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Bioremediation of Refinery Oil Contaminated Soil

DOI: 10.4236/oalib.1104624    188 Downloads   462 Views   Citations

ABSTRACT

Objective: In order to study low activity of petroleum-degrading strains. Methods: We added oil degrading strains to compost, the compost is made of soybean meal, corn flour, bran and sawdust, in the last, we added the oil degrading strains-compost contaminated soil. Result: The oil removal rates were determinated by gravimetric method. The oil removal rates of control group, oil contaminated soil compost group and oil contaminated soil oil degrading strains-compost group were 23.4%, 31.6% and 49.7% on 60th day, respectively. Compared with the control group, the oil removal rate of oil contaminated soil oil degrading strains-compost group increased by 26.3%. Conclusion: The research indicates that oil contaminated soil oil degrading strains-compost can improve petroleum-degrading rates.

1. Introduction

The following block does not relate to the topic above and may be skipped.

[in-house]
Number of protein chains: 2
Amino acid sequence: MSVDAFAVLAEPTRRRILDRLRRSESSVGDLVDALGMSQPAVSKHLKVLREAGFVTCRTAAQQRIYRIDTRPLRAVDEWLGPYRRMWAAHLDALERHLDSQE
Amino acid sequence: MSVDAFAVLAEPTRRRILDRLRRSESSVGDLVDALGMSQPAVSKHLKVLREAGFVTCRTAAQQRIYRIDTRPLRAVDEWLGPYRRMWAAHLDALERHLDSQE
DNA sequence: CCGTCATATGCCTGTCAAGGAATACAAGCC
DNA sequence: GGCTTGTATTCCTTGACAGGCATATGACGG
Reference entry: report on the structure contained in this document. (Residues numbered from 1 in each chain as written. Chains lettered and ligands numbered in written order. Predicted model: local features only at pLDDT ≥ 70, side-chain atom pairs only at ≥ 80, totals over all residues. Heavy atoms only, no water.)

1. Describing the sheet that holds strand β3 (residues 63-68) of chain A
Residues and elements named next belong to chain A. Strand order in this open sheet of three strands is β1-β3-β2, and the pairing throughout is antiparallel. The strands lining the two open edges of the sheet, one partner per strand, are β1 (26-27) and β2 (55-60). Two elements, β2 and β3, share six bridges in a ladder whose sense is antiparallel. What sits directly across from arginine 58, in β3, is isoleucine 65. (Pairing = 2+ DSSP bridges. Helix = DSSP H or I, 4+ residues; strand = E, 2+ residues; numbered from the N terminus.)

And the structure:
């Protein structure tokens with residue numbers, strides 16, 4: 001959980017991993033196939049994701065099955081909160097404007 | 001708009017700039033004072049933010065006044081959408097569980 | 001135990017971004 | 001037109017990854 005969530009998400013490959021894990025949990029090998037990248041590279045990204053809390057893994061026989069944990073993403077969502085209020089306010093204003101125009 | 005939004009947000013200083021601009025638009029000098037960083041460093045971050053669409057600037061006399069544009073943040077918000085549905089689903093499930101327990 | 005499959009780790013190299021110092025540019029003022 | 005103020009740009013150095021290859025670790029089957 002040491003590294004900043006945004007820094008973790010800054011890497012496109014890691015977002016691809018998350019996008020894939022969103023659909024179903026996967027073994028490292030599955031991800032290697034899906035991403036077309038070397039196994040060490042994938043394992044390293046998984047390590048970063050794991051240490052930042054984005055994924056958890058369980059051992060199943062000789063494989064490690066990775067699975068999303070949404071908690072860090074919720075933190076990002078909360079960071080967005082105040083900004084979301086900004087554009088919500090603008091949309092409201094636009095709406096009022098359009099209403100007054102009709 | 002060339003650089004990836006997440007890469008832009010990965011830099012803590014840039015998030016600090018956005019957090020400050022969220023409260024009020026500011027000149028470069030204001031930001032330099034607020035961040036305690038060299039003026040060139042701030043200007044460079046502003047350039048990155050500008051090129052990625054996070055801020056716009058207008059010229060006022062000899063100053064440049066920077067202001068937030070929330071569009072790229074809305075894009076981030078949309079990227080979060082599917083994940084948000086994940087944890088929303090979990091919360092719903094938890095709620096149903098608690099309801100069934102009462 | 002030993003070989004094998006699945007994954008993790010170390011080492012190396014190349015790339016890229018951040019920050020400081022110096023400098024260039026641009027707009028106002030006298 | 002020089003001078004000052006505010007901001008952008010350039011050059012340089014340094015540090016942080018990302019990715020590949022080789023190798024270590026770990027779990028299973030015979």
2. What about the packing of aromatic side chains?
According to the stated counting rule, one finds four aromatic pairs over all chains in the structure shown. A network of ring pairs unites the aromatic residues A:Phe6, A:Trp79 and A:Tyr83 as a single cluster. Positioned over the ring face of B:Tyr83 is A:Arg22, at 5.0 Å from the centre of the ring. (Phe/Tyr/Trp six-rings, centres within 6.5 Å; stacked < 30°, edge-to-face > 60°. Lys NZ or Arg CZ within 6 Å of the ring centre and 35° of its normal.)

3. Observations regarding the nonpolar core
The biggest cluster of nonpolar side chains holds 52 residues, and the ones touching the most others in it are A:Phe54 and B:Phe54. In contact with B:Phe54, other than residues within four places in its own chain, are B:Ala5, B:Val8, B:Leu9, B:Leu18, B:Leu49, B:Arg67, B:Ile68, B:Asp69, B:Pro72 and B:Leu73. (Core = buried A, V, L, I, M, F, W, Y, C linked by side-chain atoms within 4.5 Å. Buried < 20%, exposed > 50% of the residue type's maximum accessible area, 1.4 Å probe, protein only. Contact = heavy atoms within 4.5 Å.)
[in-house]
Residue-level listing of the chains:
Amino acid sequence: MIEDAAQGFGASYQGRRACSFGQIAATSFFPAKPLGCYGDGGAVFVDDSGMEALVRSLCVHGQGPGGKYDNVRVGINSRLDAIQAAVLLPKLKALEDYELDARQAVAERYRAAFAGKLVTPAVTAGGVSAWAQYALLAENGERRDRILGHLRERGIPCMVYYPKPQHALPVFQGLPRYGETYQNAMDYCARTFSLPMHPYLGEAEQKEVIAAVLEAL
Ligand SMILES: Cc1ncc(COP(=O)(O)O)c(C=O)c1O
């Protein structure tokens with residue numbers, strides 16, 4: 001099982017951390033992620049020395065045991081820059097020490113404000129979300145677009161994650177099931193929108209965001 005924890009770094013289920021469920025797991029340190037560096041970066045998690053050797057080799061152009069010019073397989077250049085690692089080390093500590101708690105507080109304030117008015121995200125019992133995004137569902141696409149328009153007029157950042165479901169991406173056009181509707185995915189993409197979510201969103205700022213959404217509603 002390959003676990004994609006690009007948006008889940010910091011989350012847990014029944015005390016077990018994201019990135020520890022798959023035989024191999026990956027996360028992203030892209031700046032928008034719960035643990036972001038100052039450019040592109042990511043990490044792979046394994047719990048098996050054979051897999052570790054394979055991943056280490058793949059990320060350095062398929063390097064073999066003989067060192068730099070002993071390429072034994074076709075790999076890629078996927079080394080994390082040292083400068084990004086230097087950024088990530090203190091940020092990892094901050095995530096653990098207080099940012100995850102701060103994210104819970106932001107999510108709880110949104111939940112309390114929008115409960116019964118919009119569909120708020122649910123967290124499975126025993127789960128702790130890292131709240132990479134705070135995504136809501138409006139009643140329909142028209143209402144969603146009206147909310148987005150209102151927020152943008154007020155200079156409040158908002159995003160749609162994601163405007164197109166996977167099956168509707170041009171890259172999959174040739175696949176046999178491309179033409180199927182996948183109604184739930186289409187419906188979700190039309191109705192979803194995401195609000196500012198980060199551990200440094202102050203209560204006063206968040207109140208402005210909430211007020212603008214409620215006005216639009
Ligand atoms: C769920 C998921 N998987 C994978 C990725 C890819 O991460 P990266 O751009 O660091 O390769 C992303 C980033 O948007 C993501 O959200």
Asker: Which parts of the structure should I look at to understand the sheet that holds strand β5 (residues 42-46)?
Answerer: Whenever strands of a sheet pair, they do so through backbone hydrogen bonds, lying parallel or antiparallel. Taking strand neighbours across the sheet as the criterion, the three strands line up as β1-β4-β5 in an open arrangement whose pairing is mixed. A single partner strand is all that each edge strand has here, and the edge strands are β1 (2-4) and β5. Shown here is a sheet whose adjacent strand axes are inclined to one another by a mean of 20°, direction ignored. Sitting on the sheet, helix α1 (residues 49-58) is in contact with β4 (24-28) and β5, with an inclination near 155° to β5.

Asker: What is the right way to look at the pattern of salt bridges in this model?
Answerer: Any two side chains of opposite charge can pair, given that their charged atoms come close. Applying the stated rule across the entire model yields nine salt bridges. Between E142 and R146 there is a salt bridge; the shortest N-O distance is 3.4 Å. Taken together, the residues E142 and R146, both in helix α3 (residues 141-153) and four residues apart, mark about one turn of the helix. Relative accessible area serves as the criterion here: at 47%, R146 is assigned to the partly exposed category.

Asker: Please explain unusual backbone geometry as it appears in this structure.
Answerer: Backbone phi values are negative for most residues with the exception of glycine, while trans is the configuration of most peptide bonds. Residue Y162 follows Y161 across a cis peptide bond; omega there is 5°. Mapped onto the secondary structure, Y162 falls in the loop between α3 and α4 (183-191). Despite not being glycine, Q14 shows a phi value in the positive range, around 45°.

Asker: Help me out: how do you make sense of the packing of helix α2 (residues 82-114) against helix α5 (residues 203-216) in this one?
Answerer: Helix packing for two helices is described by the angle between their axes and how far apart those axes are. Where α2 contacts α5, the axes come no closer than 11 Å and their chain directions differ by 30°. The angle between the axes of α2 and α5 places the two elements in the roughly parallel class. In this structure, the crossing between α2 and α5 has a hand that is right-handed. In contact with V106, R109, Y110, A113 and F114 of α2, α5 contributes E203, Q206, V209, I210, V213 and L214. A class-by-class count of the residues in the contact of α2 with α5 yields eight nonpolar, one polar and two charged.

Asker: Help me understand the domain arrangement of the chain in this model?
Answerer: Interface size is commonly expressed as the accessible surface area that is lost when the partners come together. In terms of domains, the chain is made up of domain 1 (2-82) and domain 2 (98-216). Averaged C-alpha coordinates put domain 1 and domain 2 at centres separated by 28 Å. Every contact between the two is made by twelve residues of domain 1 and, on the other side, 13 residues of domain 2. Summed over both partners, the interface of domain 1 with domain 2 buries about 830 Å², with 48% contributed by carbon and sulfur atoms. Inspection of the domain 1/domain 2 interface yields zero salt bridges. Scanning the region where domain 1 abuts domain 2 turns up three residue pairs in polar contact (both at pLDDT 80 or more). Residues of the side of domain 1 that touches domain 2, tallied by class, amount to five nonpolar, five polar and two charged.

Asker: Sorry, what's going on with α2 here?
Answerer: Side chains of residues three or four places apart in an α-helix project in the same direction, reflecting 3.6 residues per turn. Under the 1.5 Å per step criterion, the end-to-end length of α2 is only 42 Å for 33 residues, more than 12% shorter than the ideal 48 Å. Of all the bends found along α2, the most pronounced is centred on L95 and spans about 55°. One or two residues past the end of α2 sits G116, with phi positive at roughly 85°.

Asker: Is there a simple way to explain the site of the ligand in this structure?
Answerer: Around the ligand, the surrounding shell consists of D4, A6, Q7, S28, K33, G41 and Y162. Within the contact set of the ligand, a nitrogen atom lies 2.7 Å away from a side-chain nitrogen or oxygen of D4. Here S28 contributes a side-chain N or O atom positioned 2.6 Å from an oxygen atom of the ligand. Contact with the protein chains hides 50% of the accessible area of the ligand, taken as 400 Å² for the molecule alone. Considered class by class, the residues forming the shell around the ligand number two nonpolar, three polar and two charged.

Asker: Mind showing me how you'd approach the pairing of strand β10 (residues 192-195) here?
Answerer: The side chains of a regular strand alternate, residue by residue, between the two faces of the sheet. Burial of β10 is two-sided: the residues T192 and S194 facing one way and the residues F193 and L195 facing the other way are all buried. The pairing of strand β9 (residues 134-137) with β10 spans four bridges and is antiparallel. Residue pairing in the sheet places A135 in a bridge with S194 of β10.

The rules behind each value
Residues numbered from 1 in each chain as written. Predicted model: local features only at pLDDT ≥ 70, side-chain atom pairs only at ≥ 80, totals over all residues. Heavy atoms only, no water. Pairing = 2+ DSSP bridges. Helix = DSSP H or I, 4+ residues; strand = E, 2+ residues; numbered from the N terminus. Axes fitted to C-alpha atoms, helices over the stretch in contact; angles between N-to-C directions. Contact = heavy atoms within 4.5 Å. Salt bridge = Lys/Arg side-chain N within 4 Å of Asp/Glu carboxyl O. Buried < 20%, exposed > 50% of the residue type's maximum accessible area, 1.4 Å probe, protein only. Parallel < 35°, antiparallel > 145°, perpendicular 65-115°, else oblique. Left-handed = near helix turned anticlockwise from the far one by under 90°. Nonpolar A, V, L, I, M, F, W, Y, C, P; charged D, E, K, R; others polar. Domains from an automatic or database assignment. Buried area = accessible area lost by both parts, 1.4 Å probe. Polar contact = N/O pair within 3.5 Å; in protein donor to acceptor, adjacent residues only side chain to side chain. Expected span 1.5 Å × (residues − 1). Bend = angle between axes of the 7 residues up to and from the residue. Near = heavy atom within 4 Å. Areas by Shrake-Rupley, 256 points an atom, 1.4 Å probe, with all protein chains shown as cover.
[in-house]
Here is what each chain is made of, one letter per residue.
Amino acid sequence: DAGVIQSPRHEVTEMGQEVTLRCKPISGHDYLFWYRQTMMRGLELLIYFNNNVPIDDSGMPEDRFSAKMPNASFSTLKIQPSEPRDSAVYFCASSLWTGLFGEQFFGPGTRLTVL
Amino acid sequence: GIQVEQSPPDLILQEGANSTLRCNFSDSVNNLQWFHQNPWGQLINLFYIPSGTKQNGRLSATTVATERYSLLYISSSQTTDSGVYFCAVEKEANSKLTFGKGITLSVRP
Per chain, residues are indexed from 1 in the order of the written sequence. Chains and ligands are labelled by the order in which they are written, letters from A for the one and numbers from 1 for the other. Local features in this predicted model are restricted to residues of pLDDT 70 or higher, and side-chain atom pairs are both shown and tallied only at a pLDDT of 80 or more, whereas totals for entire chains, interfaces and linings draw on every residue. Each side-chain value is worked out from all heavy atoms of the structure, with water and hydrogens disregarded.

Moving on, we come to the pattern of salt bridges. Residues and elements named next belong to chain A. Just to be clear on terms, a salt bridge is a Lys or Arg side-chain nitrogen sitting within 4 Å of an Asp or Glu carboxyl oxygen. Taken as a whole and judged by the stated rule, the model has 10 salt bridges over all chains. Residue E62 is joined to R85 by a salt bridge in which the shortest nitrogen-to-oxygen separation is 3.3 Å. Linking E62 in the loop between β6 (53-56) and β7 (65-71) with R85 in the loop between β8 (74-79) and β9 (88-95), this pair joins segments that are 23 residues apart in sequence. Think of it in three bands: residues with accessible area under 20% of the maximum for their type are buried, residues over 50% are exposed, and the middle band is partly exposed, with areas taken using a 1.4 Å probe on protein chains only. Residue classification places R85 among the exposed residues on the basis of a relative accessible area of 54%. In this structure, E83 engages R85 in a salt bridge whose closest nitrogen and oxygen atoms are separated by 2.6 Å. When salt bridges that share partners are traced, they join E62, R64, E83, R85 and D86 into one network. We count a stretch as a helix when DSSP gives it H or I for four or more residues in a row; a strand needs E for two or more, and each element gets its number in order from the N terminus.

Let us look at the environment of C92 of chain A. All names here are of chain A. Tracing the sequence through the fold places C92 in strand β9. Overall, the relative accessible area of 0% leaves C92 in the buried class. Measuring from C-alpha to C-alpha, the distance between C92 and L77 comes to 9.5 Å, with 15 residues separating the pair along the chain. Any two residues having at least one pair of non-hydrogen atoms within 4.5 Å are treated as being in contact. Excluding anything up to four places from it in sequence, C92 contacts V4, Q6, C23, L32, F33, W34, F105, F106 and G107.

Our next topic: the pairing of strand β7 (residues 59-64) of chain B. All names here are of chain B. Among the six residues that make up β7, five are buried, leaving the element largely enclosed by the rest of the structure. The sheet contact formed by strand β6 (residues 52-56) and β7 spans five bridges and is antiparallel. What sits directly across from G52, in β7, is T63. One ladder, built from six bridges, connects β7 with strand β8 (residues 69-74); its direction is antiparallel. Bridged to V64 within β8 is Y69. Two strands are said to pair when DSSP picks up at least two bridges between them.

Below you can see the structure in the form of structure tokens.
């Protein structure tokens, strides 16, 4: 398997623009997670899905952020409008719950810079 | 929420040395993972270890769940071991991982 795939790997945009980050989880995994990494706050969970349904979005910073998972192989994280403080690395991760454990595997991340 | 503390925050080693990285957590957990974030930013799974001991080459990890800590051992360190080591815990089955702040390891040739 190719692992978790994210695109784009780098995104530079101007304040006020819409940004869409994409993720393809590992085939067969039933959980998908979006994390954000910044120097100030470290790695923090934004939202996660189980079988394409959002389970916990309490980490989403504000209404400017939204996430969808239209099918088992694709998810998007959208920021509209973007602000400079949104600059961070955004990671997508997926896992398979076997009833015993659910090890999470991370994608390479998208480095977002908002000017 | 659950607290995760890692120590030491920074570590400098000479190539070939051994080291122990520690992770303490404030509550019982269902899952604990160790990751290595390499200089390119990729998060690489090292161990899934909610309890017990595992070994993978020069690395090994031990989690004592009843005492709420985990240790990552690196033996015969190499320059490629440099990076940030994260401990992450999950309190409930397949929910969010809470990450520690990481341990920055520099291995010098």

Oil inevitably pollutes the soil during exploitation, transportation and processing [1] [2] [3] . The remediation of contaminated soil includes physical, chemical and biological ways at present [4] [5] [6] . The biological ways includes microbial remediation, phytoremediation and microbial phytoremediation [7] [8] [9] . Microbial remediation has become a hot spot of research, because of low cost, good effect and environment friendly [10] . Exogenous microbes are easy to lose their ability to degrade, due to low temperature, water content and nutrients, when oil degrading strains restore oil contaminated soil [11] . These factors restrict the application of bioaugmentation technology, and many microbiological intensive remediation technologies are still in the laboratory research stage [12] . To solve these problems, we added oil degrading strains to compost, the compost are made of soybean meal, corn flour, bran and sawdust, in the last, we added the oil degrading strains-compost to oil contaminated soil. The compost increases water retention and insulation ability of oil contaminated soil and improves the contact area between the oil and the microorganisms; therefore the activity of oil degrading strains is improved. We hope that the study can provide methods and theories for improving the effect of microbial remediation.